In practical engineering applications, the boundary of the panel is often firmly connected to the frame, beam, rib or stringer through rivets, bolts, etc. Points on the boundary of the panel are generally considered to be in a simply supported state with displacements of 0. When an internal point of the panel is displaced under the action of air flow, an additional displacement difference is generated between a boundary point and the internal point of the panel. A velocity difference is then generated, which can be used to design a damper. Therefore, a light linear damper can be arranged between a damping configuration point of the panel and a boundary point or a panel corner point in advance, as shown in Figure 16. In Figure 16a, the artificial damping coefficients c 2 , c 3 , c 4 and c 5 are all realized by setting a linear damper between the damping configuration point and a boundary point. Additionally, the damping coefficient c 1 can be achieved by connecting the corner points of the panel with four dampers. However, in the configuration of the 9P method, the additional artificial damping coefficients c 6 , c 7 , c 8 and c 9 can be achieved by connecting the damping configuration points and the four corner points, as shown in Figure 16b.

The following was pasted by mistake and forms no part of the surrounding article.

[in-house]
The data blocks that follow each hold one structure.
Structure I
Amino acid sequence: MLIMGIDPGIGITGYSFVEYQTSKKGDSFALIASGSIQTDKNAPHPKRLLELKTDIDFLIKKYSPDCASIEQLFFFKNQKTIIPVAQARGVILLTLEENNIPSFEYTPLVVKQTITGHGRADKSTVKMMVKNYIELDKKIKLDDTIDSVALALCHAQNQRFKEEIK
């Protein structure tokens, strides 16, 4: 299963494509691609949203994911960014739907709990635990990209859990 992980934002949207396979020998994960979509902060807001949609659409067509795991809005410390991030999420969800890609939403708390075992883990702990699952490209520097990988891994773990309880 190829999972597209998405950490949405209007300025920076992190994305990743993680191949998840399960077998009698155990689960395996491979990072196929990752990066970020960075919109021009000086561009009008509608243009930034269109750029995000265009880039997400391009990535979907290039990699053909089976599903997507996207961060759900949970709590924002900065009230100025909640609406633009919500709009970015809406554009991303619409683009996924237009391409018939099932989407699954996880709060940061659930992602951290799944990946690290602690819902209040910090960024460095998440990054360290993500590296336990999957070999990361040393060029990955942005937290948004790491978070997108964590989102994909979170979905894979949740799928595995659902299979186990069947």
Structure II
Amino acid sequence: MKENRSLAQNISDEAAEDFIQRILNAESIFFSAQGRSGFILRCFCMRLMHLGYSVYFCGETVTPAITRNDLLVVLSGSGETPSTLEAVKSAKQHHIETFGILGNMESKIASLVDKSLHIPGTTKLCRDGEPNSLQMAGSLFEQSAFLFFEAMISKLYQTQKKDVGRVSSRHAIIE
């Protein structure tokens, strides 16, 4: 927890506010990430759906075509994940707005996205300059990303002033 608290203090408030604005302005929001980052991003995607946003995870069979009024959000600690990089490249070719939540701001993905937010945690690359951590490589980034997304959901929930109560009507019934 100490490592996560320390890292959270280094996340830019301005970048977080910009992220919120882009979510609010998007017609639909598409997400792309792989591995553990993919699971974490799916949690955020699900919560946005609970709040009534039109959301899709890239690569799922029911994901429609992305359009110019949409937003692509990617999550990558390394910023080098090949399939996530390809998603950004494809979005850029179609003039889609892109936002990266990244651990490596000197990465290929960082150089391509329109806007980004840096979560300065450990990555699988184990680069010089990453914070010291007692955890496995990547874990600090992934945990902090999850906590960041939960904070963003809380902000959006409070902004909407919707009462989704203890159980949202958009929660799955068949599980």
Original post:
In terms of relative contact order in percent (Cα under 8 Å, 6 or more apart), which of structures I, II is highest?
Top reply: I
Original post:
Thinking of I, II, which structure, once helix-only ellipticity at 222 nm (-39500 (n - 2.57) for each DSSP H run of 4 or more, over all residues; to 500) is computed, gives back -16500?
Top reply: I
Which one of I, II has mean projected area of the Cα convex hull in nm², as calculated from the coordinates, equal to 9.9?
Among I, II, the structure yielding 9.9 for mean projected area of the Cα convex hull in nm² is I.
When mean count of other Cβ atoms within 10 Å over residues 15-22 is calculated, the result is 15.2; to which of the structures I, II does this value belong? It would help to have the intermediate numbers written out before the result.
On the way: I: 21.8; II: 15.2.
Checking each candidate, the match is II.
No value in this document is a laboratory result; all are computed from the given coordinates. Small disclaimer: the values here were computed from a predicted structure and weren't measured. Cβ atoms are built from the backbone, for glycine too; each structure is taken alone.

The case of QP is taken as an example to show the enhancement effects of the flutter characteristics of the panel with dampers. In this paper, only a simple case is considered, that is, the damping coefficients of the dampers arranged in advance are the same. First, let the damping coefficient c = 1 to obtain the flutter velocities and flutter frequencies of the panel in the case of QP calculated based on the 5P method and the 9P method, respectively, as shown in Figure 17 and Figure 18. It can be seen from Figure 17 that the flutter velocity of the panel based on the 5P method is 541.9 m/s, and the flutter frequency is 118.7 Hz. The flutter occurs in the second mode of the panel. When flutter occurs, the second mode is coupled with the first mode. However, it can be seen from Figure 17 that the flutter velocity of the panel is 545.2 m/s and the flutter frequency is 118.5 Hz. The flutter occurs in the first mode of the panel which is coupled with the second mode when flutter occurs. By comparing the flutter frequency curves shown in Figure 17b and Figure 18b, it can be seen that the results obtained by the five-point method and the nine-point method are basically the same.